The sources said that their armed groups will carry out a series of attacks on military targets in several regions.
Opposition sources told Al-Akhbar that around 3,000 fighters from a number of Syrian governorates and some from North Lebanon are heading towards Damascus to take part in the battle that began a few days ago.
According to the same sources, these operations aim to spread as much chaos as possible in the country to destabilize the regime and make it look impotent in front of the Syrian people and the international community.
As the situation in Damascus unfolded, there were reports of clashes between the official army and armed rebels in Kfar Sousa, in addition to Harasta and Arbin in Rif Dimashq, along with several neighborhoods in Homs.
Meanwhile in Aleppo, there were reports of clashes in “the neighborhoods of Salaheddine, al-Azamiyah, al-Akramiya, and Ard al-Sabbagh, in addition to the town of al-Bab” between regular forces and insurgents.
Activists reported that several demonstrations were being held under the banner of the “Friday of the Ramadan Victory of Damascus” in Damascus, Hama, Aleppo, and Deraa. They claimed that demonstrators were met with gunfire.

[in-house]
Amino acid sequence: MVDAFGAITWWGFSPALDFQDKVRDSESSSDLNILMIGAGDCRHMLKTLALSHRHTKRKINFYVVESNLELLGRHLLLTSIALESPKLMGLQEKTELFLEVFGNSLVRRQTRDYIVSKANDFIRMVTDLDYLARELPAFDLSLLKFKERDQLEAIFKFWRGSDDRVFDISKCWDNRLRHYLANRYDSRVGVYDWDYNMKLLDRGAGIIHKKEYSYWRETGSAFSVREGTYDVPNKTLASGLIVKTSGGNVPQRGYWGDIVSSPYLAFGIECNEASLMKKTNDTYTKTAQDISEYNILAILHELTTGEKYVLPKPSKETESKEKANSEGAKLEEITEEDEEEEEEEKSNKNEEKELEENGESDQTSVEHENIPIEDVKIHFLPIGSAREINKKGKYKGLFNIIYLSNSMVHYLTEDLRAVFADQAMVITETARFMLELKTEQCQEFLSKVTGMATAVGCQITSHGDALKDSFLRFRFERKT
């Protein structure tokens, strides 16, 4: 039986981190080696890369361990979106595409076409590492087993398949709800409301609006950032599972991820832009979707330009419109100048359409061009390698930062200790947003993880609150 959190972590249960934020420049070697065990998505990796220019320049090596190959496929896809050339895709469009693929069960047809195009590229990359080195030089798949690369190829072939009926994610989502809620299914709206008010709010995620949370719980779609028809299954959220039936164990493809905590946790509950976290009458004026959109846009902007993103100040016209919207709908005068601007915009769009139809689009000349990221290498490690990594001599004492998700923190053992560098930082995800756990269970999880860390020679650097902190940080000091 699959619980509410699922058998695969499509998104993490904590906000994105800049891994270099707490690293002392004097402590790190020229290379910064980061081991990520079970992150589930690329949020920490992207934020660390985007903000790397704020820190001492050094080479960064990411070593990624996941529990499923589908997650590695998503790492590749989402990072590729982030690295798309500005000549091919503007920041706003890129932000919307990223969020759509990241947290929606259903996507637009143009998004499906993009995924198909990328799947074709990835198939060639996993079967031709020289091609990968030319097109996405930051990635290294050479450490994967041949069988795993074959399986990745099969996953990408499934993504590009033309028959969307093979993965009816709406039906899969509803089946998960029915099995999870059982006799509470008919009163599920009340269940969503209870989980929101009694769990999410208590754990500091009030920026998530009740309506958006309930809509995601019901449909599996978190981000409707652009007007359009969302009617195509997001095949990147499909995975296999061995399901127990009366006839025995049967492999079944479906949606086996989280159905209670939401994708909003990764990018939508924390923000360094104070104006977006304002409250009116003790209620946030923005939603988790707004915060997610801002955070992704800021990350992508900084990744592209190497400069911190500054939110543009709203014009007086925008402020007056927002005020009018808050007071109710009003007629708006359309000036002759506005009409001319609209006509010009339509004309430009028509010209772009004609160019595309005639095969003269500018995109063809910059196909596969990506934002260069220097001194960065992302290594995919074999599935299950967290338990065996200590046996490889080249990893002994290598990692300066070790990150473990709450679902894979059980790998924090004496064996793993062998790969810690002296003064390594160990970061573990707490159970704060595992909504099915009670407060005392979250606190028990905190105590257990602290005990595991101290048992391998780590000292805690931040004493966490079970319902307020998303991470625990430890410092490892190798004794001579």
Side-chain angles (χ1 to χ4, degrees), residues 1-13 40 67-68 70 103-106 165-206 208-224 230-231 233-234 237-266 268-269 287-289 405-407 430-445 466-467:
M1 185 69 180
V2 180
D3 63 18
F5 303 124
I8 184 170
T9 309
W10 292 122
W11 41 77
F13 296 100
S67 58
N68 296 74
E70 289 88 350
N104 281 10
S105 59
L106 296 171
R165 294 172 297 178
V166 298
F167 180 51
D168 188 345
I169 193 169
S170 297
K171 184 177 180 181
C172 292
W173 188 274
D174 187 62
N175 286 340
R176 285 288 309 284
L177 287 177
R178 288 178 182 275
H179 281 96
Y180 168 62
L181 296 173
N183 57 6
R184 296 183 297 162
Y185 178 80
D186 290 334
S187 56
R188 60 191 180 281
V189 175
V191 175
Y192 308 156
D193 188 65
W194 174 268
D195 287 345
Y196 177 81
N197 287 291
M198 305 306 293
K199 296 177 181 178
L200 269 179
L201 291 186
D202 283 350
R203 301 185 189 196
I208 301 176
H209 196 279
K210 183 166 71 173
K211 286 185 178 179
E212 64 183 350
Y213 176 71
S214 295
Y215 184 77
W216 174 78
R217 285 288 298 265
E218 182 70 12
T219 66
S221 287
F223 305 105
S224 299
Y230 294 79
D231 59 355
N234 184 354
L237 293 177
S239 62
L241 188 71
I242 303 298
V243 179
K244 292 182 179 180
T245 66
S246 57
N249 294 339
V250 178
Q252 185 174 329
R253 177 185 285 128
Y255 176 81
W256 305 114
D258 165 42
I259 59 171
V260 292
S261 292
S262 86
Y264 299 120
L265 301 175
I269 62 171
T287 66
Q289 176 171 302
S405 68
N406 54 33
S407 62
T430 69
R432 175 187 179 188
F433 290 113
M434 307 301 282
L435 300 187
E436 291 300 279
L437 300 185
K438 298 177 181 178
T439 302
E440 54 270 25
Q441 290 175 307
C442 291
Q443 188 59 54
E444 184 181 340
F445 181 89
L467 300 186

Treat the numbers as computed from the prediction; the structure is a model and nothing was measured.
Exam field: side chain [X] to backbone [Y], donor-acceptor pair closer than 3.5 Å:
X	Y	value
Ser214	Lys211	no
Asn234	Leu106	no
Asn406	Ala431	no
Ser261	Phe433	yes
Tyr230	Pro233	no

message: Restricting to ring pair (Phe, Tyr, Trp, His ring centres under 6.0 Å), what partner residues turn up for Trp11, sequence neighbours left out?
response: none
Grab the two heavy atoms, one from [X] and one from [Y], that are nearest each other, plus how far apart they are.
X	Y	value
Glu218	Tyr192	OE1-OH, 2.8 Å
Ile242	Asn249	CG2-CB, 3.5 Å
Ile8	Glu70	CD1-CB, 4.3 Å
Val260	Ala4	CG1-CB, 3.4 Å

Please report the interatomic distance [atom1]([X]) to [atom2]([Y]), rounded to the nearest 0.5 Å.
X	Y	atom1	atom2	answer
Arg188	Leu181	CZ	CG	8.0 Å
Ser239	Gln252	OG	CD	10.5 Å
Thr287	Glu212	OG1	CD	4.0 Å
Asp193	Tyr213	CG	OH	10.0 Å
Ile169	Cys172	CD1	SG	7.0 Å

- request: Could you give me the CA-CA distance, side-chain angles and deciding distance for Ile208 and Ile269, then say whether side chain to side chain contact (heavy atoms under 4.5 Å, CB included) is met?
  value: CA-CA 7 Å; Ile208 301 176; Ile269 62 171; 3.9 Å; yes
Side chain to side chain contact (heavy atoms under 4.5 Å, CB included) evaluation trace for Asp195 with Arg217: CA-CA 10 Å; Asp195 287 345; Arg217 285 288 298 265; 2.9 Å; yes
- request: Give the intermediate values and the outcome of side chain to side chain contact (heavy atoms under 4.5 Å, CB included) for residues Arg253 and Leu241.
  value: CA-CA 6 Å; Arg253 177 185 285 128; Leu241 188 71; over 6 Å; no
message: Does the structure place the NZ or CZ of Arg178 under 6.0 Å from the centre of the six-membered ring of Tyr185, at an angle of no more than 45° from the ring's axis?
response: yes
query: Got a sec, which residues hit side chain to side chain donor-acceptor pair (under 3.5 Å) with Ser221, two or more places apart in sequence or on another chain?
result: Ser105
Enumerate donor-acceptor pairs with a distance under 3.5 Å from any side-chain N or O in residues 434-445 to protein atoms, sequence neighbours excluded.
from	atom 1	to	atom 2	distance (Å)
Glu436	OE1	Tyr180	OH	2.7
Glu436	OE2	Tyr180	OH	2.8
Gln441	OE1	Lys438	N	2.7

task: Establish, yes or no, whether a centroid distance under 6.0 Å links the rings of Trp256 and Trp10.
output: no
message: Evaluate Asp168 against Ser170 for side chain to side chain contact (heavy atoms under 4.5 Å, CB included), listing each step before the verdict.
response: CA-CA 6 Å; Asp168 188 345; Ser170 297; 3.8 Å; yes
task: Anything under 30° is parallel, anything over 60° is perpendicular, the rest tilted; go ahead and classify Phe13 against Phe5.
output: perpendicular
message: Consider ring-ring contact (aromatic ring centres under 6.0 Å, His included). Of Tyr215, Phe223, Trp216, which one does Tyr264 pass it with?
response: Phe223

According to the Syrian Observatory for Human Rights, violent clashes claimed 128 lives in Syria yesterday. They included 85 civilians, 17 opposition fighters, and at least 26 soldiers.
In other notable developments, Israeli Defense Minister Ehud Barak announced that Israel is preparing for a possible military intervention in Syria in case the Syrian government hands missiles or chemical weapons to Hezbollah in Lebanon.
"I have instructed the military to increase its intelligence preparations and prepare what is needed so that ... (if necessary) ... we will be able to consider carrying out an operation," Barak said in an interview on Channel 10 television.
He added that they “are following ... the possible transfer of advanced munitions systems, mainly anti-aircraft missiles or heavy ground-to-ground missiles, but there could also be a possibility of the transfer of chemical means from Syria to Lebanon.”
"The moment [Syrian President Bashar al-Assad] starts to fall we will conduct intelligence monitoring and will liaise with other agencies," Barak said.
On a tour of the occupied Golan Heights, Barak declared that Israeli troops were preparing to prevent the influx of Syrian refugees to Israel-controlled territories.
"They [refugees] have not chosen to come close to us, but in the event of the regime's downfall, which could happen...[Israeli forces] here are alert and ready, and if we have to stop waves of refugees, we will stop them," Barak said.
(Al-Akhbar, AFP, UPI, Reuters)
This article is an edited translation from the Arabic Edition.